Numbers say a lot, but impact is truly defined by stories.

A few months ago, we had a dad come into one of our Early Care and Education Centers. He walked in the door, off the street, with his two-year-old daughter. He had just received full custody of his daughter, could not quit his only means of income and he needed childcare but also, he knew she needed help because of her disabilities but didn’t know how to get that help. Our team took him, got him set up in childcare, and was able to get her evaluated and within services. Our little one is now thriving in the classroom, dad is back to work, and comes into the center every day smiling.

Another mother came to the CAPSC Family Resource Center after being in recovery for five months. She did not know what she was going to do with a newborn, needed support, guidance and resources. In her words, CAPSC has helped her emotionally, practically, and personally as she learned to care for her baby. “You’re surprised you didn’t think of it before,” she says. “With being in the CFSS (Comprehensive Family Support Services), I want to have more confidence in myself and gain more control over the direction of my life.”

CAPSC has been integral to ensuring fulfillment of a person’s basic needs, like shelter, food and community. We do this also by collaborating and partnering with our community organizations and have been able to create new, brighter futures not only for them, but also the greater community to which we all belong.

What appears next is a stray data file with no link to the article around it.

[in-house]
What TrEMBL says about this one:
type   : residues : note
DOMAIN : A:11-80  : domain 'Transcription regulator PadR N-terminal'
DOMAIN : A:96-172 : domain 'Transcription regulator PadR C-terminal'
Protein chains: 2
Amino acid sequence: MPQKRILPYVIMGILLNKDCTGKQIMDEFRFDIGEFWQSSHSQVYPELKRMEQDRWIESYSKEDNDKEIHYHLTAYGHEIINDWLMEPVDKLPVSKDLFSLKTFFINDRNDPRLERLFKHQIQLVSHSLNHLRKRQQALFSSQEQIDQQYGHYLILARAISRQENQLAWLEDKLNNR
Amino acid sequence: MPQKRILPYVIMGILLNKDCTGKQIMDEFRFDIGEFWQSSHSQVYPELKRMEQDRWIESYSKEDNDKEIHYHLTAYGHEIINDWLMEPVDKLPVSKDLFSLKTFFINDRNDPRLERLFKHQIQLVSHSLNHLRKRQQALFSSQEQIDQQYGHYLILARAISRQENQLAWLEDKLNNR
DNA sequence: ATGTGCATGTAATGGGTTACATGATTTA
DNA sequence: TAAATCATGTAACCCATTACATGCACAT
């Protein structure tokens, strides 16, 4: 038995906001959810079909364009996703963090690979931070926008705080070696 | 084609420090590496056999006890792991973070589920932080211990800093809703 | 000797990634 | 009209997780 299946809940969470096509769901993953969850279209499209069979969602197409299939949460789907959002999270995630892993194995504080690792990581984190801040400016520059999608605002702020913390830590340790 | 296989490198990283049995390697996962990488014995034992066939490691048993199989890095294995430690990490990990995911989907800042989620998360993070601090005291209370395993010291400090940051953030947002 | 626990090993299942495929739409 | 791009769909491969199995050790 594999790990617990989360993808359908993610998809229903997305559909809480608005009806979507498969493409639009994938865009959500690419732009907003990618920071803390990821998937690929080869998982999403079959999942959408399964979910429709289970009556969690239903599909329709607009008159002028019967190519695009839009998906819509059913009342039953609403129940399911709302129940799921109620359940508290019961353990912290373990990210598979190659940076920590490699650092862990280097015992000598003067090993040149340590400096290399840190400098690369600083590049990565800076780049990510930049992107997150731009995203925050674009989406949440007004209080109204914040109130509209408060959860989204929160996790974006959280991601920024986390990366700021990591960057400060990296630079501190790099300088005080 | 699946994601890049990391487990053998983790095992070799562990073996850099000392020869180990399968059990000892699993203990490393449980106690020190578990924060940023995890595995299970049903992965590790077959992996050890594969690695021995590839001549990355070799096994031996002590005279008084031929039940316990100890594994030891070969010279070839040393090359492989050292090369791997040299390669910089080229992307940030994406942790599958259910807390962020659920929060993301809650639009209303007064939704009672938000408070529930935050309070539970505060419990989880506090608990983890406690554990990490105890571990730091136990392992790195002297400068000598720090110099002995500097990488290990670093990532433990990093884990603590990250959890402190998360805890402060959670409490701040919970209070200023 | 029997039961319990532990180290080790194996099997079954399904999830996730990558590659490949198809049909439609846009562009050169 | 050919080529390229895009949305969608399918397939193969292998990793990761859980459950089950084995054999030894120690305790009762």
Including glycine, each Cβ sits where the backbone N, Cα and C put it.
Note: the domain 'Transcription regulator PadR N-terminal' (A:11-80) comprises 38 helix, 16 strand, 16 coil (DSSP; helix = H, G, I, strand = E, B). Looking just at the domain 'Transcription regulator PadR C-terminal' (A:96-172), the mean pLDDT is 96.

We talk a lot about collective impact or collaborative impact. And yes, these are powerful tools to help our communities. The challenge though with collective impact is that when it is not centered in equity and justice, it will fall short in the potential to dismantle long-standing inequities, repair historical injustices, and advance better outcomes for those who have been left behind. Let me say it differently, without intentional attention to these and other equity strategies on the ground, collective impact will run the risk of reinforcing, instead of eliminating, the inequities at the root of the challenges we aim to solve.

If attaining equity and justice is our goal, if a New Hampshire where everyone belongs is the goal, I challenge you to start looking internally and then systemically around you.